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home - Liver - Hepatitis B - Hepatitis B Special Situations Written by Dr Sebastian Zeki
Knowledge


Understands the serological interpretation categorisation and
investigation of patients with chronic hepatitis B and/or C with
particular emphasis on the need for treatment and surveillance

Recognises the particular populations at risk
Aware of national and international agreed guidelines on viral
hepatitis management and use of interferon and antiviral drugs

Aware of hepatitis B reactivation in the context of immunosuppression
Skills
Uses appropriate diagnostic modalities including serology
genotyping viral load measurements liver biopsy and related
investigations

Monitors anti-viral and immunomodulatory therapies with appropriate
investigations

Behaviours
Communicates effectively with patients and relatives in the context of
viral liver disease and underlying social and psychological risk factors

Marshals multi-disciplinary support networks and in particular
recognise the crucial role of nurse practitioners in disease
management

Also...

Knowledge


Identifies patients with acute hepatitis B and can a rtain the
severity of their illness

Defines the different phases of chronic hepatitis B infection with a
clear understanding of serological results

Appreciates risks of transmission to close contacts
Has awareness of indications for therapy in both HBeAg positive and
negative hepatitis and the potential influence of genotype on choice of
therapy

Identifies patients where prophylaxis is required to prevent
reactivation and vertical transmission

Can determine an appropriate surveillance programme for those
patients with varices and/or hepatocellular carcinoma

Identifies patients who are appropriate candidates for liver transplant


Skills
Demonstrates ability to take a relevant history perform examination
and organise appropriate investigations

Able to advise risks of viral transmission
Interprets results of blood tests for hepatitis B antigen and antibody
Appreciates when liver biopsy is appropriate
Be able to select the most appropriate treatment and how to monitor
patient response

Able to select appropriate imaging techniques for evaluation of
abnormal results
Behaviours
Appreciates the cultural differences in the ethnic populations infected
and the influence this may have on screening


Provides advice and education to families and shows appreciation of
the potential difficulties that may arise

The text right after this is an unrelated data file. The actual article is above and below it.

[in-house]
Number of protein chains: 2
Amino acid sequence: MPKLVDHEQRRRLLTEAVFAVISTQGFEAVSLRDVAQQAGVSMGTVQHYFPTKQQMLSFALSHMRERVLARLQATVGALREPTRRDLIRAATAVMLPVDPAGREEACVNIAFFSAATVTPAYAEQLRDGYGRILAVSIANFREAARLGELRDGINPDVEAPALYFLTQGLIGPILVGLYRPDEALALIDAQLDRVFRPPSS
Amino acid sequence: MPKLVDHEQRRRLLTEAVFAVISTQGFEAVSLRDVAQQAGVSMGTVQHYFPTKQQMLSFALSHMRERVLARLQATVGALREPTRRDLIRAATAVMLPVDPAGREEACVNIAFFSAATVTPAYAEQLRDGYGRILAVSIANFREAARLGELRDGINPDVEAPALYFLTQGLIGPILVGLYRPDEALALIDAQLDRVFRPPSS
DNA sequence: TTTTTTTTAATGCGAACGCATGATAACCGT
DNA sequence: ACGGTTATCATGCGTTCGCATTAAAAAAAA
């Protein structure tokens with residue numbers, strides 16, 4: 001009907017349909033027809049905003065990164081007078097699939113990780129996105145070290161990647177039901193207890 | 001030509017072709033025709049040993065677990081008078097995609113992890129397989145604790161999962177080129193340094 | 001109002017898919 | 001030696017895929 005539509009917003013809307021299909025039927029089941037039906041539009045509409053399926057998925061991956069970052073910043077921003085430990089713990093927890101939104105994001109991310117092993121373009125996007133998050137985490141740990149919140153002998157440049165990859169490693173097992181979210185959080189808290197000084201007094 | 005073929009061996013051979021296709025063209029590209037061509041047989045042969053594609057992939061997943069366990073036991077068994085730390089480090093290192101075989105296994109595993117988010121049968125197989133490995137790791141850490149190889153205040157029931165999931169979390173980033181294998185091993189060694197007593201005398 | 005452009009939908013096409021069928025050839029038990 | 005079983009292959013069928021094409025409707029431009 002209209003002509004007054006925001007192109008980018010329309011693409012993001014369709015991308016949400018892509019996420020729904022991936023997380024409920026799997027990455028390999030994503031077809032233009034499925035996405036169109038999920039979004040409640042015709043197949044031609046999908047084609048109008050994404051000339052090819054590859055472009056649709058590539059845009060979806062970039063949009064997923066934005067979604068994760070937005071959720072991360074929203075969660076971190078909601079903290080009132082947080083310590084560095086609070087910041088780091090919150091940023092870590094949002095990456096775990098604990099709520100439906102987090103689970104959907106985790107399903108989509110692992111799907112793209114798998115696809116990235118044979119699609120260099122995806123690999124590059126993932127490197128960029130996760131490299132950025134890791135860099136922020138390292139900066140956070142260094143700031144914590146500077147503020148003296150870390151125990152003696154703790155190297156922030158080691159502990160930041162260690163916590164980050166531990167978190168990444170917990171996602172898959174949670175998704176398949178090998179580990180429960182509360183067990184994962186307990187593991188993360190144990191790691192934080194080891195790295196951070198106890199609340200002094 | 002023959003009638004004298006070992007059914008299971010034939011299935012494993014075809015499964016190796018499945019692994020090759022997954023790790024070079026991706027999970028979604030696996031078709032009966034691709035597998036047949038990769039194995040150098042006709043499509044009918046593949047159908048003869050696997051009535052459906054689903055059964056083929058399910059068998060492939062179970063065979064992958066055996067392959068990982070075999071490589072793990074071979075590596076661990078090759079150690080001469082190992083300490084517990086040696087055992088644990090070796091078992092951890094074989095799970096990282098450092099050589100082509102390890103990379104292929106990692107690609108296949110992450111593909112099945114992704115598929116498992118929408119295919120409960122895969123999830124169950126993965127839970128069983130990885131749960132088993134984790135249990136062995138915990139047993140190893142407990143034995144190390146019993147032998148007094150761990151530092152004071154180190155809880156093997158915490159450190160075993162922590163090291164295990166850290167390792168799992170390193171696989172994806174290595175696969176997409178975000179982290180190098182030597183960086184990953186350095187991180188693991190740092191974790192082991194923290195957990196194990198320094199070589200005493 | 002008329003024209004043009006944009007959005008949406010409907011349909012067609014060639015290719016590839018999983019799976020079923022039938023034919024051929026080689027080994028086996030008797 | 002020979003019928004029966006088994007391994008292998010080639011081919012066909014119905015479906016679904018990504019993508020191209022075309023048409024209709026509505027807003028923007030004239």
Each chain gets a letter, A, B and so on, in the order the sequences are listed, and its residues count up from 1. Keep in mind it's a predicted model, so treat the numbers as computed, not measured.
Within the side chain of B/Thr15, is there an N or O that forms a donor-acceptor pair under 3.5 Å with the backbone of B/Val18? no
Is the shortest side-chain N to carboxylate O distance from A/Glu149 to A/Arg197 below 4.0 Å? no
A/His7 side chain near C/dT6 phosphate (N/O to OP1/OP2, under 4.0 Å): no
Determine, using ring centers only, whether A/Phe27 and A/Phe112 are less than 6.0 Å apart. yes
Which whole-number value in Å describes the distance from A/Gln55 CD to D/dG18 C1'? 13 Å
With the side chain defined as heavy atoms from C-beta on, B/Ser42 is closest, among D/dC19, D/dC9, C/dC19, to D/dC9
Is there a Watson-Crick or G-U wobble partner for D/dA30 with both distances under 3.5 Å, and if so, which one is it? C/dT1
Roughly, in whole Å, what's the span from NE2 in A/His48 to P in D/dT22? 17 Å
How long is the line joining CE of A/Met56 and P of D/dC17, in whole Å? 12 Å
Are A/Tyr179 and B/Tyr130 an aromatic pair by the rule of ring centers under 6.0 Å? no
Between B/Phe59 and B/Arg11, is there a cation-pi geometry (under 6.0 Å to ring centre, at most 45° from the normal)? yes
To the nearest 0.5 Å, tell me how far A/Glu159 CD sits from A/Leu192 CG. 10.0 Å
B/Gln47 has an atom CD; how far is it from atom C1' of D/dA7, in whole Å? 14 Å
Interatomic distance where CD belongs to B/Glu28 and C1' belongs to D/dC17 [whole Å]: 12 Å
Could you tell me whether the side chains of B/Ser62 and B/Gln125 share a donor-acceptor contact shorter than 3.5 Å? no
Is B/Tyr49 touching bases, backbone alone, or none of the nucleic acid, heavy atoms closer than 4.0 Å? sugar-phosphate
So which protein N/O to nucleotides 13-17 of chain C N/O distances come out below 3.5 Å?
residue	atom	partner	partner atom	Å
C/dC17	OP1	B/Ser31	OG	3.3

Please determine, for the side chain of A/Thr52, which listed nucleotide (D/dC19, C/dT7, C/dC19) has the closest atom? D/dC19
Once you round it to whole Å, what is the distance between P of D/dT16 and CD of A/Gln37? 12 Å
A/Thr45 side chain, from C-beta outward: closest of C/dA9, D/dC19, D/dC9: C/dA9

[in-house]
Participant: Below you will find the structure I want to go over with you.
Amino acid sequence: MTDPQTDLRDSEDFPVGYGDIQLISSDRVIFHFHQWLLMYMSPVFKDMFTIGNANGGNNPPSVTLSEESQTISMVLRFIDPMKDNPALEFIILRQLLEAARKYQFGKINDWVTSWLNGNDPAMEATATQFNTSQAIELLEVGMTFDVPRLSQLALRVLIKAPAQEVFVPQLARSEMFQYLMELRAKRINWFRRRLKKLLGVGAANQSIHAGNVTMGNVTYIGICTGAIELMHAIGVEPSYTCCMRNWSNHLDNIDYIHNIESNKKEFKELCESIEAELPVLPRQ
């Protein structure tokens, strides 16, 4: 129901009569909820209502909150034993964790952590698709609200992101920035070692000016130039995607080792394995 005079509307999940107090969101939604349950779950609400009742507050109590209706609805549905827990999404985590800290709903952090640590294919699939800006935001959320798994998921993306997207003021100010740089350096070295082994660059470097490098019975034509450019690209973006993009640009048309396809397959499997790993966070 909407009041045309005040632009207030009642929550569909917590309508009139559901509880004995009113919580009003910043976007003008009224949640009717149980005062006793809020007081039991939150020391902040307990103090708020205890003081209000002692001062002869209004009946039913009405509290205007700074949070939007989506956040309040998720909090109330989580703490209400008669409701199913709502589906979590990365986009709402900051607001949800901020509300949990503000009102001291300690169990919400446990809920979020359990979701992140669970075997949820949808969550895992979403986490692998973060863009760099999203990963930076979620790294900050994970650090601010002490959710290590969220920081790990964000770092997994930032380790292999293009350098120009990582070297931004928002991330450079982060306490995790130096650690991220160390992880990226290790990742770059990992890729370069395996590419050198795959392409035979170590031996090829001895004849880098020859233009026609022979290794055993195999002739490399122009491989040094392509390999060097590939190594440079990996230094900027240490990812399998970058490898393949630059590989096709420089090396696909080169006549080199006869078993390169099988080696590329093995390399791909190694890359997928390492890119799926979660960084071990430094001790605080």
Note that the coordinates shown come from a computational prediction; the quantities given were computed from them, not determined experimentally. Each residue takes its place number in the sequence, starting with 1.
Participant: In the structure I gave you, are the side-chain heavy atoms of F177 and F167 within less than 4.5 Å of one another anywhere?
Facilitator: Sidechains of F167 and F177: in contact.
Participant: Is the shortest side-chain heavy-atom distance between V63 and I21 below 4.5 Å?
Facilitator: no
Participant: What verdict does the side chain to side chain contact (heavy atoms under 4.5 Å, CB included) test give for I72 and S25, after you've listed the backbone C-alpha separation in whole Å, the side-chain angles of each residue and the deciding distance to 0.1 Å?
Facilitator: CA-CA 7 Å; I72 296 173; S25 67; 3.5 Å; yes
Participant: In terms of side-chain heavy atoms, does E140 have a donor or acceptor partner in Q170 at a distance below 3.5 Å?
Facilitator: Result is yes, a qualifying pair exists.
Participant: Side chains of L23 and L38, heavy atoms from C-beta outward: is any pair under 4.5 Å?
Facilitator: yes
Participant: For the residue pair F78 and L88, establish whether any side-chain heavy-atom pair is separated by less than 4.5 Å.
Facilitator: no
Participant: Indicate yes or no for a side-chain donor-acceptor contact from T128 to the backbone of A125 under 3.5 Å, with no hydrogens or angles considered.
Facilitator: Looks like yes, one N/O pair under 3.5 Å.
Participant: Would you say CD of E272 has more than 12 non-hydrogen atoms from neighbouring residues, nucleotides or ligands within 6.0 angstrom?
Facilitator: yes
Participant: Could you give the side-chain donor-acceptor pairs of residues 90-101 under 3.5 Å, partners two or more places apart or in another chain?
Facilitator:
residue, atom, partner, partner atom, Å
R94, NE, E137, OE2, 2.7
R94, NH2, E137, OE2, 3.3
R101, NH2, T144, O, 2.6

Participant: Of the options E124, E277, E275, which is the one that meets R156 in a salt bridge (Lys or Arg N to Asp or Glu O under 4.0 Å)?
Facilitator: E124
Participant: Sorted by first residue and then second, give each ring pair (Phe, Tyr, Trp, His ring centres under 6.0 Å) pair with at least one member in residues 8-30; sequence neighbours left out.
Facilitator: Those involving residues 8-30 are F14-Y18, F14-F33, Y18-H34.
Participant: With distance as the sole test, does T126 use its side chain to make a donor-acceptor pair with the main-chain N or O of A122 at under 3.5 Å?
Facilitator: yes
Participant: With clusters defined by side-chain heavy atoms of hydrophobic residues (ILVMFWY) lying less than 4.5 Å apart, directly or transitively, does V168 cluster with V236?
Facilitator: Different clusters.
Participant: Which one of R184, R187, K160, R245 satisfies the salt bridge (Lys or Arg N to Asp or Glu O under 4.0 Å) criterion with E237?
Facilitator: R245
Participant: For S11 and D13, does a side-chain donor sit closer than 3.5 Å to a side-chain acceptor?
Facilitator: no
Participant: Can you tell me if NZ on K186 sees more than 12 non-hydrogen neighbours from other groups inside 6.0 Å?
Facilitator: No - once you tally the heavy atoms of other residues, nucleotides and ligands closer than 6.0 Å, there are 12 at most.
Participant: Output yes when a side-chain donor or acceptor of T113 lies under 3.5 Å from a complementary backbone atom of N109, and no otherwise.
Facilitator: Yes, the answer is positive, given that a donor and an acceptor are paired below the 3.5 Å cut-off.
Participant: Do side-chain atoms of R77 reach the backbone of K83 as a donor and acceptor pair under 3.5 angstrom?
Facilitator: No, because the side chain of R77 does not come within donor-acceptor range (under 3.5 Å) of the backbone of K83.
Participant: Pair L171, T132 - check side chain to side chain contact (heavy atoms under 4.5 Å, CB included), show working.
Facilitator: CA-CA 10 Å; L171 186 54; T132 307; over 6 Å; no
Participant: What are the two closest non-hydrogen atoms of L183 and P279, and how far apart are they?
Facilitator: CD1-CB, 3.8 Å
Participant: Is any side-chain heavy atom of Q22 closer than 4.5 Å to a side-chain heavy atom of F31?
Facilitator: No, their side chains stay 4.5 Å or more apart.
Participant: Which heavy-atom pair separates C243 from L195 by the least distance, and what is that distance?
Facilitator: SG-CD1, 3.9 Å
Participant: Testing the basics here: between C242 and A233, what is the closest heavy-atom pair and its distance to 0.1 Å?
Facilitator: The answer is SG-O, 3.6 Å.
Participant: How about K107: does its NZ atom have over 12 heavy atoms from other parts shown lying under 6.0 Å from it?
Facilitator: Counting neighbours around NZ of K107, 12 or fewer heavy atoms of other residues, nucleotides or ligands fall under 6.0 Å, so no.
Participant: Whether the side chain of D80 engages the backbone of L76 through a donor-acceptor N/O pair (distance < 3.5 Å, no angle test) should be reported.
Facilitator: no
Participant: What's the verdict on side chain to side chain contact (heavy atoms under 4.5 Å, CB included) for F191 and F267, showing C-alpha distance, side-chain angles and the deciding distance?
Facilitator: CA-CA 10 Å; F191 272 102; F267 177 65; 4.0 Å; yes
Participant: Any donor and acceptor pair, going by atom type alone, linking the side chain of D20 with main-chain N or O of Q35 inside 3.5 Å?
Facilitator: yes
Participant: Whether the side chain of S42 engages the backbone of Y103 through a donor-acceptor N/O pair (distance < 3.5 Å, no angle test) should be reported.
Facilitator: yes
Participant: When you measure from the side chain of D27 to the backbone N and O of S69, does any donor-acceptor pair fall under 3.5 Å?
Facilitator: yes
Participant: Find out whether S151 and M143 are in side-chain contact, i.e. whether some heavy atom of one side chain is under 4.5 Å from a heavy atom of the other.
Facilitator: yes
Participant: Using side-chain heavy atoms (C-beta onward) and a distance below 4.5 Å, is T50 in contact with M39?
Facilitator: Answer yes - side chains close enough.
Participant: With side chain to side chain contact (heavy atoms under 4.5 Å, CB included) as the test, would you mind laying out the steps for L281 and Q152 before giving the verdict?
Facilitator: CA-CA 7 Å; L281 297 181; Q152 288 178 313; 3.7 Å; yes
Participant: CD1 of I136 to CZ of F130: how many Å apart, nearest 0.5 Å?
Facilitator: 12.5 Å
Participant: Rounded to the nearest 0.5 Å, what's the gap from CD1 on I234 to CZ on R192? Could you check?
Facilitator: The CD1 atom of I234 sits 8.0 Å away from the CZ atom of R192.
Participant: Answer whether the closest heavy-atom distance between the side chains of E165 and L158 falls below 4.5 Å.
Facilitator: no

Understands the importance of cooperation with virologists and staff
in other clinical laboratories

Hepatitis B Special Situations

Who to treat: Written by Dr Sebastian Zeki Reactivation:Described esp. with long term steroids and infliximab therapy.If HbAsg +ve consider prohylaxisIf HBsAg positive patients + hepatitis flare then treat. Continue treatment for 6m after chemoIf have a high baseline HBV DNA, treat to therapeutic endpoint.If serology suggest-ing recovery from HBV infection then monitor Chemotx Initiate antivirals ASAP regardless of HBV DNA and e antigen status if scheduled for chemotherapy.Can use any of the oral anti-HBV drugs, but avoid Interferon (bone marrow suppression or exacerbation of hepatitis) +ve If risk factors for Hep B, test HIV10% of HIV patients have Hep B.There are higher reactivation rates in HIV- associated with low CD4 counts.Spontaneous clearance of HBeAg is lower in HIV.It is unclear as to whether coinfection speeds progression but mortality is increased esp post HAART as AIDS mortality is decreased.HBV flares are increased after HAART is initiated due to immune reactivation. a. Coinfection can worsen progression to cirrhosis and HCC development.b. Coninfection present in 15% HepBc.Acute coinfection with both can shorten HbSAg and lower peak ALT compared to monoinfection with HBV but equally can increase the risk of severe hepatitis and fulminant hepatic failure.d. HCV is the predominant cause of cirrhosis and should be treated with interferon + ribavirin but can result in HBV replication increase after HCV clearance Hepatitis DIt is always coinfected as Hep B is needed for Hep D virus coating.Coinfection is more severe than Hep B alone. Hepatitis C Hepatitis B Coinfection and HepB Hepatitis B virus reactivation associated with immunosuppression. As per the non-HIV populationIf HAART candidate: Truvada® (tenofovir and emtricit-abine) + NNRTI or a PIOn on HAART and good HIV response but Hep B lamivudine resistance, i) Replace lamivudine with Truvada ORii) Add adefovir to lamivudineIf not HAART candidate, i) Pegylated interferon or adefovir (dont cause HIV resistance) ORii) Early treatment with HAART with 2 dual active agents with HIV and Hep B activity (eg, tenofovir with emtricit-abine or lamivudine plus an additional antiretroviral agent).Optimal duration of therapy is unknown.Patients who are not candidates for HAART —Treat indefinitely unless good CD4 and e seroconversion in which case treatment continues for 12 months after seroconversion

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